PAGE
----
We were not able to go to this year’s PPA Conference. We had better go next year. We have not gone in previous years, because it was two days and (to speak frankly) seemed to be over-full of over-complacent industry, grandees and non-experts. To judge by the tweets emerging from this year’s shorter, one day conference, it was a more realistic and a more grounded get-together. I am also judging, perhaps unfairly from some short reports on the goings-on at Mediaweek. The reports suggest that timely and pressing issues were being addressed.

Here are some good signs: the industry grandees included Tim Brooks (Guardian ex-IPC), Stevie Spring (Future), and Evelyn Webster (IPC) and although these are all genuine magazine grandees, part of the good and the great of the sector, I would put them at the ‘grounded’ end of the ‘waffle/’hands-on’ spectrum. Their reported remarks show this: Stevie Spring “some things are much, much, much better done digitally than they are in print”. Tim Brooks noted that the industry’s ad share had slipped by17% since 2007. He predicts: “in future there will be fewer magazines” and the brands that survive will be multi-platform.

Three more good signs from the conference: (1) there was a good stream of active tweeting; (2) timely and important issues were being discussed in the technology streams, especially the iPad and User-Generated Content furthermore a senior Facebook executive had been invited to join a panel; (3) the overall tenor of the proceedings seems to have been that the industry knows that it faces plenty of challenges.

There was clearly some discussion of the iPad, but perhaps with insufficient enthusiasm. Juan Senor gave the opening introductory session on “Inspiration and Innovation”, but the Mediaweek report makes him sound at best lukewarm:

He admitted the iPad was a “fascinating and revolutionary product” but warned the way it is approaching publishers in these embyronic days should sound alarm bells.

“Apple will keep pricing control and consumer data, which is the basis of marketing,” he said.

He told publishers to negotiate strongly with Apple to make expanding onto the iPad platform viable. Mediaweek

Perhaps Mr Senor is being inaccurately reported by Mediaweek, but these do not seem to be particularly insightful comments (and the headline taken from his remarks is particularly inane ‘Apple expect to make money off our backs’ — Apple’s distribution arrangements are not unreasonable and of course Apple expects to make money from iTunes!). There is no doubt that Apple is doing a lot to maintain pricing control and to retain all consumer data, but keep it in mind that the Apple system allows publishers to distribute stuff for free to Apple customers, there is no charge for that. This is a service which costs Apple something. Also, remember that for all its ‘control’ Apple is not telling magazine publishers at what price they must sell their magazine apps (the app regime is less controlling than the music store in iTunes). The control extends to setting pricing levels and ‘regions’ in the global market. Not unreasonable matters for Apple to regulate. Furthermore publishers who care about getting customer data are much better advised to look for ways in which they can even so participate in the Apple eco-system to develop their own products and services than to spend time ‘negotiating’ with Apple to change course. Apple will change its course when publishers can demonstrate that there are better ways of serving the customers. Futhermore there is a lot that can be done with the Apple solutions which enables publishers to extend and develop their existing relationship with their customers and to retain and collect their own data. Publishers should not be encouraged to bleat but to experiment and offer solutions.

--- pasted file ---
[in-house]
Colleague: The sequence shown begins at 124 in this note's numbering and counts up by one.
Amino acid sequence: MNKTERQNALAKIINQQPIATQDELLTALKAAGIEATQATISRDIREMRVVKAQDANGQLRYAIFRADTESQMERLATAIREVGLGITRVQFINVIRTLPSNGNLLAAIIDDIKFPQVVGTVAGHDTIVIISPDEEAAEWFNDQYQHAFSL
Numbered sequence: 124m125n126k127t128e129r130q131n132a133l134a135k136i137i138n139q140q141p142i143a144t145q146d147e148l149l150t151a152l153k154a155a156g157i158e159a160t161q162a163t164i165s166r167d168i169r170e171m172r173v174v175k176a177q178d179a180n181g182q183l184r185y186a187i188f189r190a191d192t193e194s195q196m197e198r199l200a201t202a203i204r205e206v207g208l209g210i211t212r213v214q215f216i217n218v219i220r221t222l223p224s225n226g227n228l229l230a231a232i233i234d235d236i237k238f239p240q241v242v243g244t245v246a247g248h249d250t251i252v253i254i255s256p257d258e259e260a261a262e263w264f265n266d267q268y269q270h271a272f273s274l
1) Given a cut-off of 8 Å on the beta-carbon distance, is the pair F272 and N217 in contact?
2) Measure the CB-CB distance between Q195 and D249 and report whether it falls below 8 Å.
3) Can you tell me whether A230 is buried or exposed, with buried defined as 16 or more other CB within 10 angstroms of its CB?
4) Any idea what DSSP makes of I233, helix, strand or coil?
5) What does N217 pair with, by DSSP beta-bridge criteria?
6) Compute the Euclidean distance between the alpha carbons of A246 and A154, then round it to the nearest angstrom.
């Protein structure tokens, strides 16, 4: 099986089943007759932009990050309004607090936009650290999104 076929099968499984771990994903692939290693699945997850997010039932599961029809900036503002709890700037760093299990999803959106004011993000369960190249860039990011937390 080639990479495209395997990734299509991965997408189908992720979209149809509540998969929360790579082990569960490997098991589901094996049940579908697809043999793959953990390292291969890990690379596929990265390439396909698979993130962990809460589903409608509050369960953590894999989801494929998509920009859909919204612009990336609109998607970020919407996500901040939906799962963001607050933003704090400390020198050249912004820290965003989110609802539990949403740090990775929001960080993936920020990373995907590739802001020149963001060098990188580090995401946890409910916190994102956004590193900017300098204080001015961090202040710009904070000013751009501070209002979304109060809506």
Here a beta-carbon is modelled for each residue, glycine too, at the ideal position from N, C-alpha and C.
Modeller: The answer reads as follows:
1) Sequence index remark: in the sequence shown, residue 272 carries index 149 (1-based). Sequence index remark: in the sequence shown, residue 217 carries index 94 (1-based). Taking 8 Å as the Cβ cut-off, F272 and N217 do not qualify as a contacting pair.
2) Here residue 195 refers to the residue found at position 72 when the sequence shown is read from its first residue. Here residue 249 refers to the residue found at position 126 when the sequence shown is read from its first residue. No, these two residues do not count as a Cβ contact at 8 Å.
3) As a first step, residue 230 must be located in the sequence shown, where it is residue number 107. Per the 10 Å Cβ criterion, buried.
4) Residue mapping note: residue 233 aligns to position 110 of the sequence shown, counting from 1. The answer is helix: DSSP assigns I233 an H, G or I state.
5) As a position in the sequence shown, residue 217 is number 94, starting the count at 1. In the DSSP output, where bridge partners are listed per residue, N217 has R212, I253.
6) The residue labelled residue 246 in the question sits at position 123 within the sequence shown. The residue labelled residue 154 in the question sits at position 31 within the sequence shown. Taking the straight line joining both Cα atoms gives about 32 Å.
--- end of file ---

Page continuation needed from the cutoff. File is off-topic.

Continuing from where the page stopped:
Another speaker (Gavin Dutch) is reported as being bearish on the prospects of publishers making significant revenues from paid for apps and in-app purchasing. To this I would respond, that very few (pitifully few) magazine publishers have yet developed or experimented with in-app purchasing. A few of the publishers who partner with Exact Editions have done so, and all the magazines that we have launched with in-app purchasing have had a promising start. Of course, the revenues collected in the first month or two are small, but they are highly encouraging. Users are trialling magazines with our freemium apps and a proportion are upgrading to the full subscription. Readers are finding the free apps. Consumers who have tried the samples provided are willing to purchase full magazine subscriptions with in-app purchasing. The system really works. It now needs to be grown with a lot more magazines. The iPad really is changing the digital landscape for magazine publishers and they need to get moving if they want to benefit from the shift in consumer attention.

There is a change afoot, the iPad and Facebook are at the cutting edge of the changes affecting the industry and it is very exciting…. Stevie Smith is quoted as noting: “all of the changes that are driven by technology are feeding back into changes in consumer behaviour at a speed that we’ve never seen before……..The good news is that the next three years are going to be better than the last three.”